In conclusion, the Craftsman Audio Books publication of The Complete Ghost Stories Of M.R. James is an important new addition to the M R James canon, just as a DVD box-set release of the BBC's Ghost Stories For Christmas would be. There are two very compelling reasons for buying it: first, because you simply have to have it; secondly, because you know you want it. It's either that or go without, and then have to pay astronomical sums for a second-hand copy on Ebay in years to come.
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on 4 March 2008
M.R.James is rightly acknowledged as the king of the fireside ghost story, but this presentation of his tales - each and every one of them over two volumes - is unique and very special indeed.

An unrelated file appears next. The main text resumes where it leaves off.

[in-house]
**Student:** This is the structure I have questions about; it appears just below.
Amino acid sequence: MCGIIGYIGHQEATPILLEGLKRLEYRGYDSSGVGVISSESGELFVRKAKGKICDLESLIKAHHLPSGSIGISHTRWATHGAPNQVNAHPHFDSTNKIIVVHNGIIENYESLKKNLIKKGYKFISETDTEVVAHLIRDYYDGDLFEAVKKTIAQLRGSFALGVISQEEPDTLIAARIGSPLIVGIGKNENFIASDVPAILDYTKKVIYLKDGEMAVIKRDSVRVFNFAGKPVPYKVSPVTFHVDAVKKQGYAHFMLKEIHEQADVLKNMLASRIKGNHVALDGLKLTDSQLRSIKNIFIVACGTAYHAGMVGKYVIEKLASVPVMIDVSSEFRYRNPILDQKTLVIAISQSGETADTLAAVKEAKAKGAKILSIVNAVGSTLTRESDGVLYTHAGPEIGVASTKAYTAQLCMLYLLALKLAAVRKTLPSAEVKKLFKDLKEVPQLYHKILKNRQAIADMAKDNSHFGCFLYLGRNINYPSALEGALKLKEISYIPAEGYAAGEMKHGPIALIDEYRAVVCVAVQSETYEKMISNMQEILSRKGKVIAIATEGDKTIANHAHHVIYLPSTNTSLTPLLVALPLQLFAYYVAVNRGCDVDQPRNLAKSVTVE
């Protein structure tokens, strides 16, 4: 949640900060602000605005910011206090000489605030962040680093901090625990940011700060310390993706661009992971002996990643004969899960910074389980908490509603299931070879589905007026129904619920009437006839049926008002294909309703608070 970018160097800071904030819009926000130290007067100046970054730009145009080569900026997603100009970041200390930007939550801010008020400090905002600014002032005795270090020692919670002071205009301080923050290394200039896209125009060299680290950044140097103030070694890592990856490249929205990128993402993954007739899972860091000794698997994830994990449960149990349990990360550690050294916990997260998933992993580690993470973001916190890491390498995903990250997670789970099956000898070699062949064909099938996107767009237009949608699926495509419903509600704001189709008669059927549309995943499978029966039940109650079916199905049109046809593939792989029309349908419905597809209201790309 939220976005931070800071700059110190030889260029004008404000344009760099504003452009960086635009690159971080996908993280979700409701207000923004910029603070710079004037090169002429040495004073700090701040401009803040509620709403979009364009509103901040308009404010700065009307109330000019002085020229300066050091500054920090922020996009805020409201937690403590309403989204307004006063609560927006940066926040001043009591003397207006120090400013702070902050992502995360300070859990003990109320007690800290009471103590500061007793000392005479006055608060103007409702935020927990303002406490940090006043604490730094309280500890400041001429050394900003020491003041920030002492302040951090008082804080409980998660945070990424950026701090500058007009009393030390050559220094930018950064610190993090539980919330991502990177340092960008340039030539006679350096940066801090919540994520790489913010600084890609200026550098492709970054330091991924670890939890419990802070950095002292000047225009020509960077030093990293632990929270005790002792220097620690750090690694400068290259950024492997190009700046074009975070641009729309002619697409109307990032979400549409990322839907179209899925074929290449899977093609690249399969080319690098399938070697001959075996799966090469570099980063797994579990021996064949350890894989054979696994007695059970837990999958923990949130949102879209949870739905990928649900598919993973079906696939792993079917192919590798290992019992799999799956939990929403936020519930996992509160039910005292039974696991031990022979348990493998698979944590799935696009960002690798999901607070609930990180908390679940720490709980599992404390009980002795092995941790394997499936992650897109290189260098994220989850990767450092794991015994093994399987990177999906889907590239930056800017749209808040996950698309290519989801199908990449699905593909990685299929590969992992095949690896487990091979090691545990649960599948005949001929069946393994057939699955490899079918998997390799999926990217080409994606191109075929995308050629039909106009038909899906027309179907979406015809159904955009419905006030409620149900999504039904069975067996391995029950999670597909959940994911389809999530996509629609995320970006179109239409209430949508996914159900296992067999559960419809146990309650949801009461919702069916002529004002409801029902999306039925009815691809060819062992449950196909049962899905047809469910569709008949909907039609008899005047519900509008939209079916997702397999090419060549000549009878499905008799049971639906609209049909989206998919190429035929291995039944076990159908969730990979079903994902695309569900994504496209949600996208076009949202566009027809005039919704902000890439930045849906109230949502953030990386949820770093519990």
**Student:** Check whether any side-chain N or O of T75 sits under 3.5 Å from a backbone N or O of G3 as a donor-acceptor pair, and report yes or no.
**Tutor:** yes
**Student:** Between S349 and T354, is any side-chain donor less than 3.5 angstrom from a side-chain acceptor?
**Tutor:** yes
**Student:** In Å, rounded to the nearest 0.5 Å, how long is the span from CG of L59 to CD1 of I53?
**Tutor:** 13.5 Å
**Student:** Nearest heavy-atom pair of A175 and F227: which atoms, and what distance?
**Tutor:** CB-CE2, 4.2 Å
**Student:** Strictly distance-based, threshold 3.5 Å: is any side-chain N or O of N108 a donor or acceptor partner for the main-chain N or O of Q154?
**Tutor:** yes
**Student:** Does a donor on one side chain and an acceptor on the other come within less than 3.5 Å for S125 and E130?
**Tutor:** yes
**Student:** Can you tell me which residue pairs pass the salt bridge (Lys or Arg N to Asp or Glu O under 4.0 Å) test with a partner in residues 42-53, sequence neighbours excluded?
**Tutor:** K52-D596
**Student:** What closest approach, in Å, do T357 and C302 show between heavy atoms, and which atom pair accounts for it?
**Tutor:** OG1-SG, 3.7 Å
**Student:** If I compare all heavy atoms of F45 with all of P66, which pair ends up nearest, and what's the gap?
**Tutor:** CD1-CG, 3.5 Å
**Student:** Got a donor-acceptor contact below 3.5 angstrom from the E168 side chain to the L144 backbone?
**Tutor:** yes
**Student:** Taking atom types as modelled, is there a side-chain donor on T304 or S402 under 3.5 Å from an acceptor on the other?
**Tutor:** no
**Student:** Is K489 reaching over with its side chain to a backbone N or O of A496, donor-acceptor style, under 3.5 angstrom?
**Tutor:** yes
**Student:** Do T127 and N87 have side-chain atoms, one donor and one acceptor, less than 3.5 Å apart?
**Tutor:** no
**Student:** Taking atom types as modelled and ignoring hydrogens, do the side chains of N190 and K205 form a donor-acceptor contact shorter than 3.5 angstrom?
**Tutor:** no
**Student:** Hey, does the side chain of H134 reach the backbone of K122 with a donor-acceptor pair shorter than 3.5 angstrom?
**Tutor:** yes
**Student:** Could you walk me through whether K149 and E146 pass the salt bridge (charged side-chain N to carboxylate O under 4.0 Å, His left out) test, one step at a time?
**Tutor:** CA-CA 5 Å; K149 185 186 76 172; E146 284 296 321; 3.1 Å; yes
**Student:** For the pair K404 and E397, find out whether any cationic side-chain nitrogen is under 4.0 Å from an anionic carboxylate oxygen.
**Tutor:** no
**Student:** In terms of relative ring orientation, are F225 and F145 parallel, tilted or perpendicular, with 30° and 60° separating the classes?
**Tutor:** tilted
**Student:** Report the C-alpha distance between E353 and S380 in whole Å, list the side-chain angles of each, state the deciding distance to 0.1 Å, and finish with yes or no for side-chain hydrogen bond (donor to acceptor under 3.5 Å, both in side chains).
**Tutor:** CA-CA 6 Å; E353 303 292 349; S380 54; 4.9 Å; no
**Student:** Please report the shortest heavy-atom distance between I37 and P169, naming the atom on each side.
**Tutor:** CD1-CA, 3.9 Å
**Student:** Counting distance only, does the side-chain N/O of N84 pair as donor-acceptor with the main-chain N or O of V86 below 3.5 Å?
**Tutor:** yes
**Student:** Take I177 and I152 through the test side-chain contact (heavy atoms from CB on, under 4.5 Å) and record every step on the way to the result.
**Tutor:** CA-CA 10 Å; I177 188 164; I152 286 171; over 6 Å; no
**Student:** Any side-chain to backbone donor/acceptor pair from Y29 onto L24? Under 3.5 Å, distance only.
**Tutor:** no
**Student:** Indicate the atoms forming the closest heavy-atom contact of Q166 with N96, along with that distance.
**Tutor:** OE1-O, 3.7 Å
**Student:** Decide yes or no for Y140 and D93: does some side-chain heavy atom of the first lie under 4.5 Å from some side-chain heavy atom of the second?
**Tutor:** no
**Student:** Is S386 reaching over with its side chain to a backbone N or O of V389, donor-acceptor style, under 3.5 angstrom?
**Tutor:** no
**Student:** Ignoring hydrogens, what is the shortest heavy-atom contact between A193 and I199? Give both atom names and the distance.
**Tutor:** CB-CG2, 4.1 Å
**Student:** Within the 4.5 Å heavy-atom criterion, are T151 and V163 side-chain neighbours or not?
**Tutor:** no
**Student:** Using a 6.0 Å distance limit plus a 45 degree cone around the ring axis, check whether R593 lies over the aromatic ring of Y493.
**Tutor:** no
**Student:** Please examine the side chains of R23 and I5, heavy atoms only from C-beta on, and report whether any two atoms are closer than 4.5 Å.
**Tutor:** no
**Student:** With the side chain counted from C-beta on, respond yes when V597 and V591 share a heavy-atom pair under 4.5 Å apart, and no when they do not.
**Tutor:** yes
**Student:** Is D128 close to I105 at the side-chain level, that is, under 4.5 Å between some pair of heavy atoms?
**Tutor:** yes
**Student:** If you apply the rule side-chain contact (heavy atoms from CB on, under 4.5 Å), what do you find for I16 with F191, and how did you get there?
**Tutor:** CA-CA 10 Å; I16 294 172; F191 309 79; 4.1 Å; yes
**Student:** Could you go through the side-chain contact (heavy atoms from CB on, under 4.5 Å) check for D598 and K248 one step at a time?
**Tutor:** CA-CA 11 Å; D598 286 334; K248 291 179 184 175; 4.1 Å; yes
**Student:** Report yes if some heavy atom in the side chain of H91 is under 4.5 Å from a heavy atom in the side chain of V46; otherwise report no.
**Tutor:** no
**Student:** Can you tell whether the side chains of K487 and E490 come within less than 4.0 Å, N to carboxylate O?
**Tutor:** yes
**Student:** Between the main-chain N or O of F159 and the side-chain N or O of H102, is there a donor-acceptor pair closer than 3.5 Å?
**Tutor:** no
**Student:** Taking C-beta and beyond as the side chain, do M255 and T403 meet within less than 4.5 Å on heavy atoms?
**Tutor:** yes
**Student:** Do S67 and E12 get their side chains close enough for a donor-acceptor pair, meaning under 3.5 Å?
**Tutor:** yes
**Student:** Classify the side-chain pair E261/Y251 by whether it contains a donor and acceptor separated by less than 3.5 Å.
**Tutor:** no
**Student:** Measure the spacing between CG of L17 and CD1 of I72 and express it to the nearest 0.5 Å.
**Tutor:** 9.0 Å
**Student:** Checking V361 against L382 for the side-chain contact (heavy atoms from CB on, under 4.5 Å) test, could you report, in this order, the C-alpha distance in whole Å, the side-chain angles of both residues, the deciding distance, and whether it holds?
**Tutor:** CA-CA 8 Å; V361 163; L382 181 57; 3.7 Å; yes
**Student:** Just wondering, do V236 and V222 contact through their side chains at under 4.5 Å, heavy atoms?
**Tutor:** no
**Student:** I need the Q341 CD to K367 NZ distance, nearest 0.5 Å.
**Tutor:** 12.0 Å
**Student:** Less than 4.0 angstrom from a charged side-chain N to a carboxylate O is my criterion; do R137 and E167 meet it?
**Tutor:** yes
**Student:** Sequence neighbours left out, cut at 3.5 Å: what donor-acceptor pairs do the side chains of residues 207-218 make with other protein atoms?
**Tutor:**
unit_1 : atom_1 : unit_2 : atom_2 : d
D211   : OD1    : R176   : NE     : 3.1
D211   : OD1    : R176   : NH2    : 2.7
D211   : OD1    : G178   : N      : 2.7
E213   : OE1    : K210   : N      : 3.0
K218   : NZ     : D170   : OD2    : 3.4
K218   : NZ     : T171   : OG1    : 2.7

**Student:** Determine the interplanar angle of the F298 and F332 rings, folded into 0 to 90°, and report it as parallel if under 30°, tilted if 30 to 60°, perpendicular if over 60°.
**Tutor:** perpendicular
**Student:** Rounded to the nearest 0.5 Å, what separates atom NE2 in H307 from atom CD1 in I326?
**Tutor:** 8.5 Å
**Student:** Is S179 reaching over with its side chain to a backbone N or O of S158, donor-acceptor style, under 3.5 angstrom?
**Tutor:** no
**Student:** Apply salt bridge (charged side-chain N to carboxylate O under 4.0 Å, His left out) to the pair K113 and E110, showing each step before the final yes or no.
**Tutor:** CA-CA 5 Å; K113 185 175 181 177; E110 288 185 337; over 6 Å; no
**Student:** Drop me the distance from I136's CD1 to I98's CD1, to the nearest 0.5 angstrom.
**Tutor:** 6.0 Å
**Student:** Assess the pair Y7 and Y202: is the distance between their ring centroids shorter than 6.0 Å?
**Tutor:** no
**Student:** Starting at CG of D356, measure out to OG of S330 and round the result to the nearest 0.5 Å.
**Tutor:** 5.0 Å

His students used to love him reading his tales and sending shivers up their spines and now you can have that experience yourself: just dim the lights, light the fire if you have one (or at least switch off the telly!), sit back and let your imagination provide the pictures.

Seductively read, beautifully packaged and supernaturally stimulating - a British tradition at its best.
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TOP 500 REVIEWERon 20 August 2008
Volume One and Two of this set of virtually every ghostly tale James wrote is a real investment. Perfectly read and paced, it is bound to delight fans of the rich and strange.